Q. If things go as scripted, you're expected to meet Andre in a semifinal. Is there temptation to look forward to that? Are you keeping an eye on what Andre is getting up to at the moment?

ANDY RODDICK: Not really. There's a lot of tennis to be played before that. You know, obviously, I would jump at the opportunity. I'd be super excited. But I have a long way to go to get there. So I'll worry about that if it comes.

Q. There was a point in your career where you had to learn to kind of temper your game a little bit. Do you see like tonight, you kind of pushed the envelope a little bit.

ANDY RODDICK: Yes and no. Even though Taylor and I are similar with our big serves, that's pretty much where it ends. I had to temper back just going for broke from the baseline. He's a different kind of attacking. He's almost controlled attacking, like slicing and coming in as opposed to going for baseline winners. I really wouldn't be the best person to tell him how to play because I have no idea how to play that kind of game.

Q. Ever have a deer-in-the-headlights feeling like that in a big match?

ANDY RODDICK: Yeah, absolutely. Pete tuned me up pretty good at the Open a few years ago. You know, I think I've been there before a little bit.

Q. Tell us about the shoes. You had some sparkly shoes on?

ANDY RODDICK: No, the same as I've always worn. Just some lady wanted to call me sparkly for the night so... I mean, same ones I've been wearing, you know, since last summer.

Q. You have a pretty handy habit of being able to convert breakpoints. What do you tell yourself when you're down a breakpoint?

ANDY RODDICK: I don't really treat it as any different than a regular point. Obviously, if you can make a first serve, that's half the battle. But, you know, I try not to get too psyched out from it. I think if I play a good service point, the majority of the time I will win it. I try not to, you know, change my mindset too much.

Q. Sjeng was having dinner during your match. What were you doing during his match?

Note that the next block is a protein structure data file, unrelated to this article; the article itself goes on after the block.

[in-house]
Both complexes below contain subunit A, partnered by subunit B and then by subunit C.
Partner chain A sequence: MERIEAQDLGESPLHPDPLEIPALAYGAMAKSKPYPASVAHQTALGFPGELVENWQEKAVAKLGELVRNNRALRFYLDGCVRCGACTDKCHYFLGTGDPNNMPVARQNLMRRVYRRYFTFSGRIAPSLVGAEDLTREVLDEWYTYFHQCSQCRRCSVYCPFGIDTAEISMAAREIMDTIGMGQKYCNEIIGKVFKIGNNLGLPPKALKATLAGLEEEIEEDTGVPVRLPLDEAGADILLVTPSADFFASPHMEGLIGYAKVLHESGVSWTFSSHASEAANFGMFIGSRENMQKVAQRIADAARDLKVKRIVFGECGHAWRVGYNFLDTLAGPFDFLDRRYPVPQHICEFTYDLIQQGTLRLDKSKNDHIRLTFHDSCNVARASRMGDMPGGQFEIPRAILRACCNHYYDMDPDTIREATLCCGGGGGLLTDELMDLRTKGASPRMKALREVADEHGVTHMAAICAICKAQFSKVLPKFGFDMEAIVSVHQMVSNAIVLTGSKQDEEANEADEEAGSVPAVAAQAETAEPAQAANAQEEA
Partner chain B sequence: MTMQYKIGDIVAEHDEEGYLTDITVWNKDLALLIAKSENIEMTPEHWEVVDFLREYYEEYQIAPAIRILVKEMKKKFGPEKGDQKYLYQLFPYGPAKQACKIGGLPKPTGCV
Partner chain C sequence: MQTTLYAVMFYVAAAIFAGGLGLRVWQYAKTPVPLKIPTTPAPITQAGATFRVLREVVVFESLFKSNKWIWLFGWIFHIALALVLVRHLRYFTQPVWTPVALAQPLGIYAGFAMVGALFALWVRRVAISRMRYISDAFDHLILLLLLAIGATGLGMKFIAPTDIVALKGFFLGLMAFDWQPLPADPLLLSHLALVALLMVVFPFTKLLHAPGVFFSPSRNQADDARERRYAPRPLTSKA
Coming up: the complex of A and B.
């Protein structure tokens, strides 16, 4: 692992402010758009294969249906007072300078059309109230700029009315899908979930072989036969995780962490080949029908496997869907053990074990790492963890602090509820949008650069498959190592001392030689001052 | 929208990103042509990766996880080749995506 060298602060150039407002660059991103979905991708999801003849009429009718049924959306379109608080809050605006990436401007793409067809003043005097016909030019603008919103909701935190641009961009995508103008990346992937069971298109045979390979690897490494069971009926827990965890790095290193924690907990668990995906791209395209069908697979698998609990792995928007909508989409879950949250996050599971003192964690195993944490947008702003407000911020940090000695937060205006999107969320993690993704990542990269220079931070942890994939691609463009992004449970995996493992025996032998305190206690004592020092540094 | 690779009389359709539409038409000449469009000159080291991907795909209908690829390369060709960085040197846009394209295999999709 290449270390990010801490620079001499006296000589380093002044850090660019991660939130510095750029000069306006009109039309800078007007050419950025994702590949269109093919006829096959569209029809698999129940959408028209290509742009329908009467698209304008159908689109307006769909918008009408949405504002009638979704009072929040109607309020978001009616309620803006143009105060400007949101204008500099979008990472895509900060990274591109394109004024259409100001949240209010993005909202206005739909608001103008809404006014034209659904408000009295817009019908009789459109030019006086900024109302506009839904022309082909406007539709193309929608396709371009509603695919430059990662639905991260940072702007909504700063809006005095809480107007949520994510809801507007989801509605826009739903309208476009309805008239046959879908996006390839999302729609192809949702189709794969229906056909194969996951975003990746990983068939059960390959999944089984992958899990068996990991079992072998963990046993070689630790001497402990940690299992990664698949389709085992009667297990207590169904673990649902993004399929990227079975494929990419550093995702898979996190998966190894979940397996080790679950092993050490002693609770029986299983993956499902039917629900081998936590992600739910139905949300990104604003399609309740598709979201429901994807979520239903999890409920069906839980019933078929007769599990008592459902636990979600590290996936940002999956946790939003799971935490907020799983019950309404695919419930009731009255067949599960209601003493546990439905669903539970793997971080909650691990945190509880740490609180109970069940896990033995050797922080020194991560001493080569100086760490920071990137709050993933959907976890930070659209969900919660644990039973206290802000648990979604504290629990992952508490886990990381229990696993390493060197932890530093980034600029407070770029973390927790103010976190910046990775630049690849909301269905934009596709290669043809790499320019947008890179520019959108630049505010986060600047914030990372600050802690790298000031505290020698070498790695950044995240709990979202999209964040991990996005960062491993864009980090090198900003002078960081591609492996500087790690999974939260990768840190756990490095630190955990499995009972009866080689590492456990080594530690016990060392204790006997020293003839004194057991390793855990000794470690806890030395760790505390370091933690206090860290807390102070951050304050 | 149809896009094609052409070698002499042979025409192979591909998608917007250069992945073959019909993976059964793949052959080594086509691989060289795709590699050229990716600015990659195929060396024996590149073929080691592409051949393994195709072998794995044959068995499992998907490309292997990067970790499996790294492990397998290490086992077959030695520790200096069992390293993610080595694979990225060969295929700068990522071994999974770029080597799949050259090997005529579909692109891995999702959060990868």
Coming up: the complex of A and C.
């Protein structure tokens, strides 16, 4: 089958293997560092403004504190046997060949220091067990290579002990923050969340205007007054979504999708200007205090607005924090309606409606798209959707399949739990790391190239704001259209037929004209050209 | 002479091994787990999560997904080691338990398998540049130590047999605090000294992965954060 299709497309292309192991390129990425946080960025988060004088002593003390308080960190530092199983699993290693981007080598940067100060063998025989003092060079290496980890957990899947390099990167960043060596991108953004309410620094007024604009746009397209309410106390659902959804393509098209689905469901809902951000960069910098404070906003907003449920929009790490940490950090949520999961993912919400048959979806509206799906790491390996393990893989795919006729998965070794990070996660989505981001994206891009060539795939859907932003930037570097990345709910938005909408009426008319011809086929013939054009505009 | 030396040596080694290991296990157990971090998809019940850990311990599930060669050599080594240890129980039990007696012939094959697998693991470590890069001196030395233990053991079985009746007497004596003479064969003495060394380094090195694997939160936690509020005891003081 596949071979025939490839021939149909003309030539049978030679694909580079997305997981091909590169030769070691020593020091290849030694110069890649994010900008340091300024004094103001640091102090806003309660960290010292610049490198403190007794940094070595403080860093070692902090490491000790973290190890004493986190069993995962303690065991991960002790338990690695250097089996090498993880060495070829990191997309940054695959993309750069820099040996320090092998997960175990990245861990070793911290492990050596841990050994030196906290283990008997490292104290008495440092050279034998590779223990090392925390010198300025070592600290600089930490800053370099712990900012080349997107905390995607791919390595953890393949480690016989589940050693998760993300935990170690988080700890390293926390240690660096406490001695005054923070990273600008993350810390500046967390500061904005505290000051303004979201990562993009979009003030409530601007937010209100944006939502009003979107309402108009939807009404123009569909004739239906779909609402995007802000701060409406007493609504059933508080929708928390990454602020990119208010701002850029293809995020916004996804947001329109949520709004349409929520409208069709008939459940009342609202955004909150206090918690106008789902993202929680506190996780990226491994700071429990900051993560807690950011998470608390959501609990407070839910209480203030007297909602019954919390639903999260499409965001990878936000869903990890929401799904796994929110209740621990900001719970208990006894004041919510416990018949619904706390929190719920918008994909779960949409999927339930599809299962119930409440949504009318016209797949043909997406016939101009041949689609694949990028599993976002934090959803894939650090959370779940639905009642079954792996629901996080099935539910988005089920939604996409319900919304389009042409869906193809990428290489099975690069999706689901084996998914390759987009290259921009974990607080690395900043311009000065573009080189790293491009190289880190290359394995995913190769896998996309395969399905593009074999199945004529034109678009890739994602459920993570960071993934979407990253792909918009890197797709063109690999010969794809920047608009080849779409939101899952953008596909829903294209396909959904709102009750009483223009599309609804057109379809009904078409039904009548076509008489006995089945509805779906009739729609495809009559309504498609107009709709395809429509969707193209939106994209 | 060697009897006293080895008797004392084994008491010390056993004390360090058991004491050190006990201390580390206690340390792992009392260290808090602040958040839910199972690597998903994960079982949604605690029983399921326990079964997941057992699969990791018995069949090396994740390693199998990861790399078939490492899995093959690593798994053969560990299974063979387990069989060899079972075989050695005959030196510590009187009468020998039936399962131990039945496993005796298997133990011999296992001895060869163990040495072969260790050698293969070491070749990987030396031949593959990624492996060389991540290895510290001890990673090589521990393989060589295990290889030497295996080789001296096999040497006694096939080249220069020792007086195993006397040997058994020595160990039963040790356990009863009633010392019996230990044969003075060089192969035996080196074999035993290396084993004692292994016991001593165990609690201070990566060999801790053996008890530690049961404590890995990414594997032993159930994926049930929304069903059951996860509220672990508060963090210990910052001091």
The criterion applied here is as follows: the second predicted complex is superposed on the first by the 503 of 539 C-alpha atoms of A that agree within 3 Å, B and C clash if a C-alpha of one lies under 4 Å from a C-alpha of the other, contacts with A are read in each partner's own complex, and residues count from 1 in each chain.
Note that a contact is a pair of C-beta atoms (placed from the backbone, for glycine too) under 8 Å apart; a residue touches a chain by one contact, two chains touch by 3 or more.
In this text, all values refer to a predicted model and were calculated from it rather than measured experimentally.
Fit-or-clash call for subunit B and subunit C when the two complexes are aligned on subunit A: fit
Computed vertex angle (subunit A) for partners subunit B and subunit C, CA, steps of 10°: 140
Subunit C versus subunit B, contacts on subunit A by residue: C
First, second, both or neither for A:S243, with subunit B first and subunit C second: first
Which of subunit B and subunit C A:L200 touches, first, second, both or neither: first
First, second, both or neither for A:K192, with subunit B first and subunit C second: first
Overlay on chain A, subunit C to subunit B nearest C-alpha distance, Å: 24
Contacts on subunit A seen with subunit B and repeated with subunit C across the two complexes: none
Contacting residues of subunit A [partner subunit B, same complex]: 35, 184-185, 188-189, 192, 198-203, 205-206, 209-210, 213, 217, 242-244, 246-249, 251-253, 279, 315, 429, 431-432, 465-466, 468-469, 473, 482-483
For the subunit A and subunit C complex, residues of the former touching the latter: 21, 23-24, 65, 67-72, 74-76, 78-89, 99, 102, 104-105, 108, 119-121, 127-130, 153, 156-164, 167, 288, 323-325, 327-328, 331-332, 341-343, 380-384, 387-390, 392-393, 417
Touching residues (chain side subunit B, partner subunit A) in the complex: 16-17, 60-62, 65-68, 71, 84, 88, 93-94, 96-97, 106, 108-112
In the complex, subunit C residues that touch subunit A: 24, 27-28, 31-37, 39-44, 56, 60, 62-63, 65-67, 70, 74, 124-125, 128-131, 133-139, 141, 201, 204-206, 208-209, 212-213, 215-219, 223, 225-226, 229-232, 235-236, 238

ANDY RODDICK: What was I doing? I was probably sleeping. I was at the hotel during his match. So, you know, yeah, it wasn't on TV. I couldn't come out here. I wasn't going to come out here and watch it. I think we've played each other enough that there shouldn't be too many surprises.

Q. You played a couple of five-setters here last year. Are you cognizant this year of trying to finish the games, sets, matches quickly to preserve a bit?

ANDY RODDICK: Yes and no. I think you're always trying to win as easily as possible. Not like last year, I decided to go for, "Okay, let's go for 21-19. That should be fun. People will talk about that." No. I think I'm just a better player than I was last year when I came here. I'm not consciously thinking of, you know, playing quick matches or anything like that.

Q. What areas do you think you've improved?

ANDY RODDICK: I've improved a little bit in most aspects but a lot of it's just learning. A lot of it has to do with between the ears, not getting, you know, overly excited during matches or, you know, focusing at the task at hand. I mean, obviously physically there are some things I've done better but a lot of it is between the ears, I think.

Q. The return thing you figured out, was it more compact? What did you actually solve there?

ANDY RODDICK: I'm going to see if you can figure that one out.

End of FastScripts….